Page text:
7 .- 2d. Partial moral mania consists in the derangement of one or a few of the affective faculties, the moral and intellectual constitution in other respects remaining in a sound state. With a mind apparently in full possession of his reason, the patient commits a crime, without any extraordinary temptation, and with every inducement to refrain from it, he appears to act without a motive, or in opposition to one, with the most perfect consciousness of the impropriety, of his conduct, and yet he pursues perseveringly his mad course. This disease of the mind manifests itself in a variety of ways, among which may be mentioned the following: 1. An irresistible propensity to steal. 2. An inordinate propensity to lying. 3. A morbid activity of the sexual propensity. Vide Erotic Mania. 4. A morbid propensity to commit arson. 5. A morbid activity of the propensity to destroy. Ray, Med. Jur. ch. 7.
8. – 2. In general, persons laboring under mania are not responsible nor bound for their acts like other persons, either in their contracts or for their crimes, and their wills or testaments are voidable. Vide Insanity; Moral Insanity. 2 Phiilim. Ecc. R. 69; 1 Hagg. Cons: R. 414; 4 Pick. R. 32; 3 Addams, R. 79; 1 Litt. R. 371.
Perhaps the truth depends on a walk around the lake. Wallace Stevens
In wilderness I sense the miracle of life, and behind it our scientific accomplishments fade to trivia. Charles Lindbergh
Nature is so powerful, so strong. Capturing its essence is not easy – your work becomes a dance with light and the weather. It takes you to a place within yourself. Annie Leibovitz
One touch of nature makes the whole world kin. William Shakespeare
The good man is the friend of all living things. Mahatma Gandhi
In all things of nature there is something of the marvelous. Aristotle
He is richest who is content with the least, for content is the wealth of nature. Socrates
The points along which one can afford a moment of peace, in which one can be allowed effortlessly the consciousness to stream of its unabashed accord are few in the world, in this peopled and so noisy environment called Society. First, so little, and therefore precious daylight in which to let wander the mind upon creative journeys is so fleeting, and then to have to battle in those so few, precious hours noise and conceit of the ever invasive environment, throws one’s mind into a spiraling whirlwind of uncontrollable madness. And this every day. One never knows when next the “moment thief” will strike, stealing away one’s potentials without remorse, like a serial killer. For how can he have remorse, when the thief knows not what he does? He, blissedly ignorant of his crimes, feels no pity; nay, feels nothing for his act. This is not egocentricity or even egotistical, this is only the soft embrace of blissful ignorance.
How many of those who know intimately of the throes of existential madness have not wished for the bliss of ignorance? How many have not wished our minds were not SO full of ‘thoughts’? Our awareness quite AS acute? Our consciousness as sensitive? Would we not give almost anything (hell, our very otherwise cherished lives) for a moment of some semblance of peace? Do we not lament peace of mind? Do we not bemoan tranquility? Yet, unlike the thief, we know and cannot help from becoming insane after he has gone and left only the knowing of his commitment in his wake, for us to bear. We bear the burden of the blissfully ignorant, the neurotypicals. We carry the sentence and consequence of their crimes.
I can comprehend why and how Gerald, the schizophrenic, could believe that others were meaning to kill him. I can empathize and sympathize with his fear of people and the unstoppable, unceasing terror of purposeless, meaningless ignorant destruction they rain upon him. I feel it every day. In every moment waits the possibility that it will be taken, so must not one conclude that it was never meant to be had? That great forces were at work to dangle peace of mind like some kind of psychic carrot? For some, I suppose, peace never comes, for others peace is always known; for me, it is like a ghost, the merest, minutest glimmers of oases. Too much like an illusion, too close to “never really being there.” A daydream conjured to perfection. So, does one actually suffer loss? If one never perceived or experienced? The only solace is the morrow and that perhaps day light will provide another chance, but, too the conscientious terror of its fulfillment, and again the thief wearing a new face.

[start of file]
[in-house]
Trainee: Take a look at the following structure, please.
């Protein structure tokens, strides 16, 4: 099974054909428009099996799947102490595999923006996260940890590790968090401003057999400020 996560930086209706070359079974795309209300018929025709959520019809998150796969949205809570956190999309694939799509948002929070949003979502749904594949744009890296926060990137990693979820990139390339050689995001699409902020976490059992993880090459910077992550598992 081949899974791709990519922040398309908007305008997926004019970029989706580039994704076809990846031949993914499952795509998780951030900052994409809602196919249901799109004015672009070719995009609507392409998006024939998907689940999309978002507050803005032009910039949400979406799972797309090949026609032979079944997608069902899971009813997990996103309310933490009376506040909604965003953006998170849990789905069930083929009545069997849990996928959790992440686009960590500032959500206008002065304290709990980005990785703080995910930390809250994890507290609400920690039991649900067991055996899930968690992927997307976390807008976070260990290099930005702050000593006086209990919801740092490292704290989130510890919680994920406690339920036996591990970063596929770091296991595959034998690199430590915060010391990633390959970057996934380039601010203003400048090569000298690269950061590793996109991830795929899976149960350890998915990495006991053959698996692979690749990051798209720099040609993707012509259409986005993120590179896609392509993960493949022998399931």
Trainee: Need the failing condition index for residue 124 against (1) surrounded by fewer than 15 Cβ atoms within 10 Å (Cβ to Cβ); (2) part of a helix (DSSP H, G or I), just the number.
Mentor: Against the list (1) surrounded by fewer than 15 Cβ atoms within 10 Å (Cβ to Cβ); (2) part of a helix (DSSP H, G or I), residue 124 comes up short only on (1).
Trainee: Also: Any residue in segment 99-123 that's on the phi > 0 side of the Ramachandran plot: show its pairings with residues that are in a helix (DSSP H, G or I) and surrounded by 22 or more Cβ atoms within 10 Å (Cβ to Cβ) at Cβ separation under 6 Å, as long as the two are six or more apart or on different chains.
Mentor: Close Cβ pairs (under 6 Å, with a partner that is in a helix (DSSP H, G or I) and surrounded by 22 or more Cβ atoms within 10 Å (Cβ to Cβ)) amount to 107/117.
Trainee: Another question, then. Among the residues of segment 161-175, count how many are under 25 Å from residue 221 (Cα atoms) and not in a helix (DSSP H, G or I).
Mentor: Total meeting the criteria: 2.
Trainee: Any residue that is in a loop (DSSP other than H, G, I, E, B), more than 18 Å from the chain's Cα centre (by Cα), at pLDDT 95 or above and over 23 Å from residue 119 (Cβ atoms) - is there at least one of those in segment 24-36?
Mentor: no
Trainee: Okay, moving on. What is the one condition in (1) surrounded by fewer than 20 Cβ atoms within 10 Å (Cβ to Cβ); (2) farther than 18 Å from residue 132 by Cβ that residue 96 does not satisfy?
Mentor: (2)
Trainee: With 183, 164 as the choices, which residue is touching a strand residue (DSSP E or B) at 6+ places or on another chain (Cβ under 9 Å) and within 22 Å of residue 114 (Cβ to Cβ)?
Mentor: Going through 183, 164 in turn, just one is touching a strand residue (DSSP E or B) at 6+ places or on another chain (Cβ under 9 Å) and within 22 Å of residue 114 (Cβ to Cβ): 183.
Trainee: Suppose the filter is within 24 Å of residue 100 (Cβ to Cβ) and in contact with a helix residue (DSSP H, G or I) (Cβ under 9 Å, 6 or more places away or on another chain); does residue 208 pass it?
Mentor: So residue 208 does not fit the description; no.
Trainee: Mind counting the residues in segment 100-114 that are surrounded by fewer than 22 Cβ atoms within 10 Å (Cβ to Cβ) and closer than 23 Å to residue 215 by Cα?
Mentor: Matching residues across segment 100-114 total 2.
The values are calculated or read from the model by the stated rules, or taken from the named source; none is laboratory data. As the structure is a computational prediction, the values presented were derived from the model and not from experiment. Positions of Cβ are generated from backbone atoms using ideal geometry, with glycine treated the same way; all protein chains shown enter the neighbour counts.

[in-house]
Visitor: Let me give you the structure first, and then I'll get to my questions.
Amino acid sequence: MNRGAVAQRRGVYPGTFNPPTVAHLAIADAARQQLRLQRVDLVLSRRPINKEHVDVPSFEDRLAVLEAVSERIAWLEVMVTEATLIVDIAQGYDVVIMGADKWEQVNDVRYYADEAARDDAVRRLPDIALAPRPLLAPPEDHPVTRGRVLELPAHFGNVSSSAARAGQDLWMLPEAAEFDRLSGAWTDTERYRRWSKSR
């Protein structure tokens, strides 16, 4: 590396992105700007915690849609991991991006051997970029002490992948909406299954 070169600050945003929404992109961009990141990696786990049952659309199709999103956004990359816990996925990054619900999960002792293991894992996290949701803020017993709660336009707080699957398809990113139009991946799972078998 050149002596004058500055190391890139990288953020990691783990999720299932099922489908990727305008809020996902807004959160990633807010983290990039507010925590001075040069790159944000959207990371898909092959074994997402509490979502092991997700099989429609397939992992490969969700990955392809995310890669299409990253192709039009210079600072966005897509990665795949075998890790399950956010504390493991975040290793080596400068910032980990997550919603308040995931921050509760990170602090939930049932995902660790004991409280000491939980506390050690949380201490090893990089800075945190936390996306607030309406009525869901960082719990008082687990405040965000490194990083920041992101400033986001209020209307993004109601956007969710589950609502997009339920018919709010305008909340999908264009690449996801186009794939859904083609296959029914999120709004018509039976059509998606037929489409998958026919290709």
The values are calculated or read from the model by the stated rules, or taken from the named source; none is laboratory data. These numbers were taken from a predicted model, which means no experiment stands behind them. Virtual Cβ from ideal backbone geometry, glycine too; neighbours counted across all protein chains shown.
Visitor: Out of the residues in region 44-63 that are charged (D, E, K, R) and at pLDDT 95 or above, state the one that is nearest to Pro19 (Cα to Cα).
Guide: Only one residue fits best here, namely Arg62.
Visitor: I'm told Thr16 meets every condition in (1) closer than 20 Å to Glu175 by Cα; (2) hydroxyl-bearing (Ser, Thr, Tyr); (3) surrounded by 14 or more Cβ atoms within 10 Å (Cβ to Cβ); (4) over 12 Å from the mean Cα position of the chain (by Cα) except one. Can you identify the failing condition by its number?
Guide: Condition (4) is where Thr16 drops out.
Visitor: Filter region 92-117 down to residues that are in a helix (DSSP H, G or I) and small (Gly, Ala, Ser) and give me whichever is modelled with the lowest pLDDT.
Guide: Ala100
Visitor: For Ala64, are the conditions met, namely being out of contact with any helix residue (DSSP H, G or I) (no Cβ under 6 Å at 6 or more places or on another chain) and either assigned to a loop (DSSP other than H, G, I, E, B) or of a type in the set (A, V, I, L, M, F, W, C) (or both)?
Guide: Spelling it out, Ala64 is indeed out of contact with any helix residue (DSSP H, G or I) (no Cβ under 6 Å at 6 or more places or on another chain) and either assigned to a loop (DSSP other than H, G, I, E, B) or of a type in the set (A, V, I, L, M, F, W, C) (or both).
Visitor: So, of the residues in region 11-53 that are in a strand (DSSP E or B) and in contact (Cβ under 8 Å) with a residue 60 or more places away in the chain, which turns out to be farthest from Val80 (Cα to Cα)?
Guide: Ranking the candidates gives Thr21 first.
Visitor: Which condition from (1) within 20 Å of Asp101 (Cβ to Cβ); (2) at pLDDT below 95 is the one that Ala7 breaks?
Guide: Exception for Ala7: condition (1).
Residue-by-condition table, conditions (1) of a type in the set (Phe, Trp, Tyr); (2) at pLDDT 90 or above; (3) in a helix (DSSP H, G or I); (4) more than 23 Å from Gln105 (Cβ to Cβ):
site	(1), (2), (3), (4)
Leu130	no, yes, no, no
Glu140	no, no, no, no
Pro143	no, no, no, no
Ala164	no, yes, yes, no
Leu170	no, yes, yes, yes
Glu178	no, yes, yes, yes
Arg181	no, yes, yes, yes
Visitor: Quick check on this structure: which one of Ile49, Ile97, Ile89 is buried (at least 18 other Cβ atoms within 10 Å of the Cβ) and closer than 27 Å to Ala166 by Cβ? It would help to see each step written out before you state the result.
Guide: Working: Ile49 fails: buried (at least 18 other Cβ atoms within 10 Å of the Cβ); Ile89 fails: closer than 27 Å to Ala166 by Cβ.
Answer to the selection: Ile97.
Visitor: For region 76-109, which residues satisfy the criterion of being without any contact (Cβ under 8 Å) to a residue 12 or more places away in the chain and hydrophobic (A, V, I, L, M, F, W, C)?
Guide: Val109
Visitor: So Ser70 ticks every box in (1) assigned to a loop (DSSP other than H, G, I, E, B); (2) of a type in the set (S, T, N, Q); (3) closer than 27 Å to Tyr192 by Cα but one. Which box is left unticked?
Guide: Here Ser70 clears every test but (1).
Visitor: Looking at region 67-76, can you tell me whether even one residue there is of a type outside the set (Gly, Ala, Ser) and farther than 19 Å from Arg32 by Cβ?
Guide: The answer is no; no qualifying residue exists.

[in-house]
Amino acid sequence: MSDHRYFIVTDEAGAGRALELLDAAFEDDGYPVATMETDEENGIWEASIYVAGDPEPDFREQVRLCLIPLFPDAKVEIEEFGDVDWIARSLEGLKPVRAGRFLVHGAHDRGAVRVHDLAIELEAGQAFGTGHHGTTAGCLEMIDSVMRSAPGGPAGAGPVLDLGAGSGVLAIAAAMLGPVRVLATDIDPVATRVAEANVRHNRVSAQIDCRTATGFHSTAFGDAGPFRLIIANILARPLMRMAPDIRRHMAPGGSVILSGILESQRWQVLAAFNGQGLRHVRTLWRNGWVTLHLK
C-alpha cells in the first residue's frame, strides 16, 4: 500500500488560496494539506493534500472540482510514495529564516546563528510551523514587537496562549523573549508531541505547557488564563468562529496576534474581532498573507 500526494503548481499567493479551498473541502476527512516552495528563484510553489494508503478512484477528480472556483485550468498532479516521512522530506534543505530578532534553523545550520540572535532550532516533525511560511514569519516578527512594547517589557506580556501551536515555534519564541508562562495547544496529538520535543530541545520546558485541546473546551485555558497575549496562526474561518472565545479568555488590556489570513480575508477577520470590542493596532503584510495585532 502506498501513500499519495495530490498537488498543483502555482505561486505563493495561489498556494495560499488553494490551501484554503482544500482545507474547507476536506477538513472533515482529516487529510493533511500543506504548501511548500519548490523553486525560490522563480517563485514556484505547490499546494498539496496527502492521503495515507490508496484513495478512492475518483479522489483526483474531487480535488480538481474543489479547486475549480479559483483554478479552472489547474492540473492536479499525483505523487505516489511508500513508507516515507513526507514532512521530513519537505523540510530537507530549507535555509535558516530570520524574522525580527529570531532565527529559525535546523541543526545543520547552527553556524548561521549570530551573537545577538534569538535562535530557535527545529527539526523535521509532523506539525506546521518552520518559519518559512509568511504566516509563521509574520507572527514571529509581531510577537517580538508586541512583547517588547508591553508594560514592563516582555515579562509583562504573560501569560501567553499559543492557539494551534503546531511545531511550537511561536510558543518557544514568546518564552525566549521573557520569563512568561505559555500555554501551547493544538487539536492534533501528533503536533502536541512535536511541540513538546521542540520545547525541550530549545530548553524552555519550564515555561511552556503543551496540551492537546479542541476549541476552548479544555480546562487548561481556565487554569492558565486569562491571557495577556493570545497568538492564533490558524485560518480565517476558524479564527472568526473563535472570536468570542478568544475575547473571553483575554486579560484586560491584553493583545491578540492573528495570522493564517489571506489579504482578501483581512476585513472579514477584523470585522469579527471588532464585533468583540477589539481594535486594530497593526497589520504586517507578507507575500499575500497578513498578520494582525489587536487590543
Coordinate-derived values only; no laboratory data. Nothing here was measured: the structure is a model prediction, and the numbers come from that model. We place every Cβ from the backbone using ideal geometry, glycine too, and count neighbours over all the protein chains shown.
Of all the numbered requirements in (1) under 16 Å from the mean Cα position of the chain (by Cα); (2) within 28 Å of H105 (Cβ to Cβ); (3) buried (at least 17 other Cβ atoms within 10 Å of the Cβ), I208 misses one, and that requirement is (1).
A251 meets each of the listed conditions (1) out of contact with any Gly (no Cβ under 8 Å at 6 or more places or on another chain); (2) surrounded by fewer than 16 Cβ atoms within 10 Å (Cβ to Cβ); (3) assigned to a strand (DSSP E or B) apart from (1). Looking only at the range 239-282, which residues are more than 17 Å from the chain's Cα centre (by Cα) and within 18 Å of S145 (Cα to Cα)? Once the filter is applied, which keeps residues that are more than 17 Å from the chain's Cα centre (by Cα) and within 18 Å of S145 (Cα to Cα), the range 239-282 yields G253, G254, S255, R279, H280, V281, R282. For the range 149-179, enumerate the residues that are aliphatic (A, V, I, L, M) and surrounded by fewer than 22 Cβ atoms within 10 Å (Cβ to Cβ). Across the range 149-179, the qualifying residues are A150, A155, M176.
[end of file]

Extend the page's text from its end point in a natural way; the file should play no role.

That’s the way it really is.
It is so easy it seems for my mind to be wrecked, thereby, wrecking perhaps an entire day, or an indeterminate number of hours of long, prolonged moments trying to piece my mind together. And people (the egos of Society) always say I am gaming or manipulating or faking or stupid or some other such nonsense to explain away the means in which my mind attempts to recover from its shattered state.
I would rather not have this happen; I would rather not be affected at any moment, like being stalked by a monster wearing your own face. Like being stalked by your best friend, whom only a second ago was still your best friend and not the lumbering, snarling, shrieking, screeching ogre stalking you. Knowing where all your favorite hiding spots are; using every secret shared; every years-discovered nuance; every shift, pitch and frequency of your voice; knowing with…
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This was very good.
We are the stuff of stars . . . and of dreams.
We are not all the products of society’s speculated and manufactured dreams. Some of us with the (dis)ability [deemed so by society’s very small and finite standards] of deviant perception see the world (and by the world I do not mean society’s reality, the technological lexicon industrial civilization has so purposefully become) as something else. Nay, as something more. Where although nature’s colors be bold and vivid, those colors are more so for us, with rays of colorful brightness that extends well beyond the so-called boundary of the object. As if the color glowed in the sun rather than the dark, as if ultraviolet were infused (as it is) but we are able to perceive its inevitable quantum inversion. As if each molecule spoke loudly, and those colors created the most beautiful of symphonies.
With our schizoaffected eyes…